So when I find myself going, well, I think that’s wrong instead going okay, interesting. I’ve not thought of it that way. Can you tell me more? I might still think they’re wrong at the end, but I have learned a little bit more along the way. And it’s about, I guess to your point. Yeah. I think our base human beings want to be listened to, they want to be understood and they want to be respected. And that doesn’t mean you don’t disagree, but you don’t disrespect. You find the commonality that you can agree on. And then you agree to disagree on the bits that you, you can’t, but you, that can be done respectfully. And you know, the gentleman in your book sounds like he did that so eloquently that actually created quite a persona for himself of being able to do just that have that ability to consciously not, not disrespect people, but still disagree and stay true to what you believe in your principles

Now. Absolutely. And I think your, your suggestion is such a great one saying I haven’t quite thought of it that way. Could you tell me more? It it’s, it’s interesting. That’s, that’s the same concept and it’s very effective because now you’re, you’re talking about wanting to understand, as you say what the other person’s thinking again, not necessarily to agree with it or not, but to understand it. And I think when we, the more we understand another person’s point of view, especially when we disagree with it, the more we can possibly find the little nuggets in there that are actually a connection that are actually a common ground within the concept. And, and therefore it makes the possibility of progress all, all the more possible everything’s so polarized these days, certainly, certainly in our country here, certainly on the political level and other levels, we were, we were passing by, there was a, a, a protest going on in a park.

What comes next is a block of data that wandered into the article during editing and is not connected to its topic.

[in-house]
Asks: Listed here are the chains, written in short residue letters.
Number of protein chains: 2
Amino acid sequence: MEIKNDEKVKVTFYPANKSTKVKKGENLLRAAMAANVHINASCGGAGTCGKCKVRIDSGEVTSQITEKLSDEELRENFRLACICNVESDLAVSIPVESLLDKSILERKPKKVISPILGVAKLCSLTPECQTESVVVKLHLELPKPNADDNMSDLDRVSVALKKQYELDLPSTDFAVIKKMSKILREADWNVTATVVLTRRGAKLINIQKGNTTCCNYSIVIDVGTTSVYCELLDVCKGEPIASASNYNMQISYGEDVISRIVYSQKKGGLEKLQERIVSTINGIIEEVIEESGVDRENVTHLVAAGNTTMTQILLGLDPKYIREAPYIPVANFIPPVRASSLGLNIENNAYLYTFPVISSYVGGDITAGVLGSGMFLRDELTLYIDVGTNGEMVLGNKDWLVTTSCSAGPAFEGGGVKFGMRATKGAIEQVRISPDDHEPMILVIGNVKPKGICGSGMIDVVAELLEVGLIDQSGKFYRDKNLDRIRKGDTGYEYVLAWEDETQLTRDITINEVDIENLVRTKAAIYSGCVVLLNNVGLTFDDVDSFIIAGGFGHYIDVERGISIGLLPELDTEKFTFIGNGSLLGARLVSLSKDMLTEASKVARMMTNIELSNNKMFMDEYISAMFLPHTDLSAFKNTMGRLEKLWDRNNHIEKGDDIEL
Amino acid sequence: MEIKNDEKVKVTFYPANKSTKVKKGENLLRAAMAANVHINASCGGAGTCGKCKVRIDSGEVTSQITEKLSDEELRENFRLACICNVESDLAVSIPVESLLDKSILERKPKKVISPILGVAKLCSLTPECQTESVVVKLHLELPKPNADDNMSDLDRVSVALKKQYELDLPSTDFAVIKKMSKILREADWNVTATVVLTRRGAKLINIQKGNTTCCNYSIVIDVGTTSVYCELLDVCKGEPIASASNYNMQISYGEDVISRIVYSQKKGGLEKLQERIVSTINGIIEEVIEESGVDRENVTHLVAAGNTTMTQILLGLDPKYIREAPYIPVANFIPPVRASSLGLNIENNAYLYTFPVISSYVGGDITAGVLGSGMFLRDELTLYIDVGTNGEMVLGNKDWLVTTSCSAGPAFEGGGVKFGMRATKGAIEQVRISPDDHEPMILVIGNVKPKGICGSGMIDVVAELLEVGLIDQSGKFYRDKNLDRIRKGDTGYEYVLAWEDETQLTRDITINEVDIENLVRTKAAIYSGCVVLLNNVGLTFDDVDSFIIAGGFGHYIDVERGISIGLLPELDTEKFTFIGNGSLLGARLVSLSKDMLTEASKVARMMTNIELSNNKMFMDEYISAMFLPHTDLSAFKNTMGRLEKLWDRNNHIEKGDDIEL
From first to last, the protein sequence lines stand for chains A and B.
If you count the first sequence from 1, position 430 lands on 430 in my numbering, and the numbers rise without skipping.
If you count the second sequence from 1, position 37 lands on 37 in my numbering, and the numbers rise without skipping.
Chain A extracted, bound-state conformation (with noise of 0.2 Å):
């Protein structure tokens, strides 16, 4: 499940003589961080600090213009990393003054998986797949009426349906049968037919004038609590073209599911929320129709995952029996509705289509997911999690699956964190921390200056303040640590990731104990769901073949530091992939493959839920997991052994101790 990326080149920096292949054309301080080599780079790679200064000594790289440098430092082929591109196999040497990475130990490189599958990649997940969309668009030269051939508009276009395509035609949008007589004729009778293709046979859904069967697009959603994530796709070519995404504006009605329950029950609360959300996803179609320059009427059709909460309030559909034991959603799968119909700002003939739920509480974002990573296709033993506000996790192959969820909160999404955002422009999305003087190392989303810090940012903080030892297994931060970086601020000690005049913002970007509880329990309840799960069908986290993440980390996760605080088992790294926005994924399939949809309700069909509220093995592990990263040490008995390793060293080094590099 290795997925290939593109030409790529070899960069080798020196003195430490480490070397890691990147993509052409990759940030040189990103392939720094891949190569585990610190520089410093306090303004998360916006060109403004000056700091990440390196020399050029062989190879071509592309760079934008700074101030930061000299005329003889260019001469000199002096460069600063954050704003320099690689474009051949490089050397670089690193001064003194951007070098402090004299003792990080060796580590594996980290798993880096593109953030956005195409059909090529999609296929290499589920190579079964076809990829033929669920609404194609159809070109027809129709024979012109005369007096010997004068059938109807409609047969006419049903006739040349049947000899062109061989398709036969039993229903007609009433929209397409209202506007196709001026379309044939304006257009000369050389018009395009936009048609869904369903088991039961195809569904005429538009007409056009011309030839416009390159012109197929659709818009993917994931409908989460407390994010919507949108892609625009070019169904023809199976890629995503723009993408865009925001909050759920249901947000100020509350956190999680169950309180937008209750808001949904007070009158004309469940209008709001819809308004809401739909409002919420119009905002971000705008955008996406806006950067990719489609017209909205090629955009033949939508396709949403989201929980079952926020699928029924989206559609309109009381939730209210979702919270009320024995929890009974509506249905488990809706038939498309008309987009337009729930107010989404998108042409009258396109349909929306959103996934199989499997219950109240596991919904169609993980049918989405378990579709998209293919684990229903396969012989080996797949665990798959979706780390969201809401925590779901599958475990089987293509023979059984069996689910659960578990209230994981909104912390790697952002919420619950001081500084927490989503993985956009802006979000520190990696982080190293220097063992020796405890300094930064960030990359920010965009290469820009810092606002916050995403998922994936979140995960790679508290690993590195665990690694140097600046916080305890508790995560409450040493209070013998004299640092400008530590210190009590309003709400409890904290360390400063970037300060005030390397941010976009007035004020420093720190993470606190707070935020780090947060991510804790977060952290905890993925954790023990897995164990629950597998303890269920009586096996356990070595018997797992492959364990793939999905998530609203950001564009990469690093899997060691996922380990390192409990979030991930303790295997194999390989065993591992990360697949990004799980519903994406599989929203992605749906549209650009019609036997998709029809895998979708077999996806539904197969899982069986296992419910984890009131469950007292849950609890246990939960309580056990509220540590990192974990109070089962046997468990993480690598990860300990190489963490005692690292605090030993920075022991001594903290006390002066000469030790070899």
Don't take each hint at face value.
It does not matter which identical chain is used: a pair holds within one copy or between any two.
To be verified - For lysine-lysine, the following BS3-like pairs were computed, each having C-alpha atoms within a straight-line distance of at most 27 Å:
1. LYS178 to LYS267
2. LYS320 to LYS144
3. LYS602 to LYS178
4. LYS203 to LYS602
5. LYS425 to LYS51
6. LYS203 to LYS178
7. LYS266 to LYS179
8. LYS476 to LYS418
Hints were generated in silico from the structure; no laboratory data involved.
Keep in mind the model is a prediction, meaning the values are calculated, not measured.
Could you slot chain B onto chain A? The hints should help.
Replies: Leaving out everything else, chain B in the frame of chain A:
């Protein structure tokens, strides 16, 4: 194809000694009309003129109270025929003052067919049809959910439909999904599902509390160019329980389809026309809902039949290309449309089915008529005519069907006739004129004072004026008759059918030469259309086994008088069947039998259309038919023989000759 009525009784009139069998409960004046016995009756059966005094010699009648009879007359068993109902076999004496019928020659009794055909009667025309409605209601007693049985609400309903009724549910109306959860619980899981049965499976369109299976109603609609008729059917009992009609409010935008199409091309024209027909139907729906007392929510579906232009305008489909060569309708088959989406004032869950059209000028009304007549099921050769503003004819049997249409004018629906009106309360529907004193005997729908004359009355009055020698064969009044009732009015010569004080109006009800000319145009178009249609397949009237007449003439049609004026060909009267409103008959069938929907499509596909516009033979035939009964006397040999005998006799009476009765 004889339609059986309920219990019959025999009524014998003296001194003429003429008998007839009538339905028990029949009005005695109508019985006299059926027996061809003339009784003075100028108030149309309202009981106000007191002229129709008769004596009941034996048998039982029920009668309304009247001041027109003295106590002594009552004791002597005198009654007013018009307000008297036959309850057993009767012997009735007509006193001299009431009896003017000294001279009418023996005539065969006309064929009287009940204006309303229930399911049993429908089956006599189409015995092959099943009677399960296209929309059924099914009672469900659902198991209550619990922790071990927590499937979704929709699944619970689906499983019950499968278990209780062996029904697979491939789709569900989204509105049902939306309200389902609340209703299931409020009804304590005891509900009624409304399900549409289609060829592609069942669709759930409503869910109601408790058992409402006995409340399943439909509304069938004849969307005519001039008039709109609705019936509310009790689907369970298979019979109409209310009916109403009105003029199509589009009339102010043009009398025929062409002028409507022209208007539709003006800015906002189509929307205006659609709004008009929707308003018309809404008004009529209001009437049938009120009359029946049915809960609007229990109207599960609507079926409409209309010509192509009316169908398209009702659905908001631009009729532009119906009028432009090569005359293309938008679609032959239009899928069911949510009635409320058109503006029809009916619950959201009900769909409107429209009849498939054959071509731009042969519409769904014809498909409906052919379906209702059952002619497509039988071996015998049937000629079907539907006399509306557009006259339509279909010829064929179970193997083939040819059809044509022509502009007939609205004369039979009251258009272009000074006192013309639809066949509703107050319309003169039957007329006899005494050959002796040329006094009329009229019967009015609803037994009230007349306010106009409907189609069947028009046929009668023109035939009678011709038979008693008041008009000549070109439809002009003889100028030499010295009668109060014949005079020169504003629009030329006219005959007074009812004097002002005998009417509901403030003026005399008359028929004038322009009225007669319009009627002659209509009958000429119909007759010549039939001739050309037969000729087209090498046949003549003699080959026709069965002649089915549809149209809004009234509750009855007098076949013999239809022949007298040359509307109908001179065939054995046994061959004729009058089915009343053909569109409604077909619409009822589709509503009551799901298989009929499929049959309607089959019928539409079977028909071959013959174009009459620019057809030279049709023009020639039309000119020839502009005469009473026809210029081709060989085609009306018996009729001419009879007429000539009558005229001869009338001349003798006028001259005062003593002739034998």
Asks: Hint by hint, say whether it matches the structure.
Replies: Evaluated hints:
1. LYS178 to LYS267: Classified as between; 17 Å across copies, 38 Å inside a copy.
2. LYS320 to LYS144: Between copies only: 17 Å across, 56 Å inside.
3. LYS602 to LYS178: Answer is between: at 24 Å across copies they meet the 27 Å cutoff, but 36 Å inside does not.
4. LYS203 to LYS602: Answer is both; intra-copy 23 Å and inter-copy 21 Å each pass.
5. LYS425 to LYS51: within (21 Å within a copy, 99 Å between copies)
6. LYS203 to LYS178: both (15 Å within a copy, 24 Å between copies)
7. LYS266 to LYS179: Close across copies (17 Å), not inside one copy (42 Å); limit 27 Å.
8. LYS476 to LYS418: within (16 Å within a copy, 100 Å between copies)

And then there was an opposition to that protest. And we were, were passing by and small groups, three or four people on each side were standing there, inches from each other’s face screaming at one another. And you know, about their point of view. And I said to my daughter, who’s nine years old. I said, I said, Madeline. I said, just remember if everybody’s screaming, nobody’s listening. Yeah. And, and, and yet, you know, there, there’s valid points on both sides of that argument, thats being made, but there’s no way they’re gonna be heard. And, and, and there’s ultimately a common ground within there. Again, no one will get to under those circumstances.

Oh, that’s such great advice. And particularly to your children, it reminds me of another book. It sounds like I do all days, read books, promise I do work as well, but it’s called crucial conversations. And it talks about the fact that when there are moments in our life, when conversations become crucial. And by that, what we mean is there’s some emotion that’s involved and either one or both parties is fearful of something, you know, fearful of being made to be wrong, fearful of disagreement, fearful of being sold to whatever it is that there is some fear. And what happens is we respond with either violence or silence. So the violence piece, we get louder, we get angrier, we get more assertive in what we’re saying. I always liken. It’s playing Pictionary with my best friend. You know, if I don’t get it the first time she underlines it, I’m like, no, I can see it just D what its underlining is gonna help me.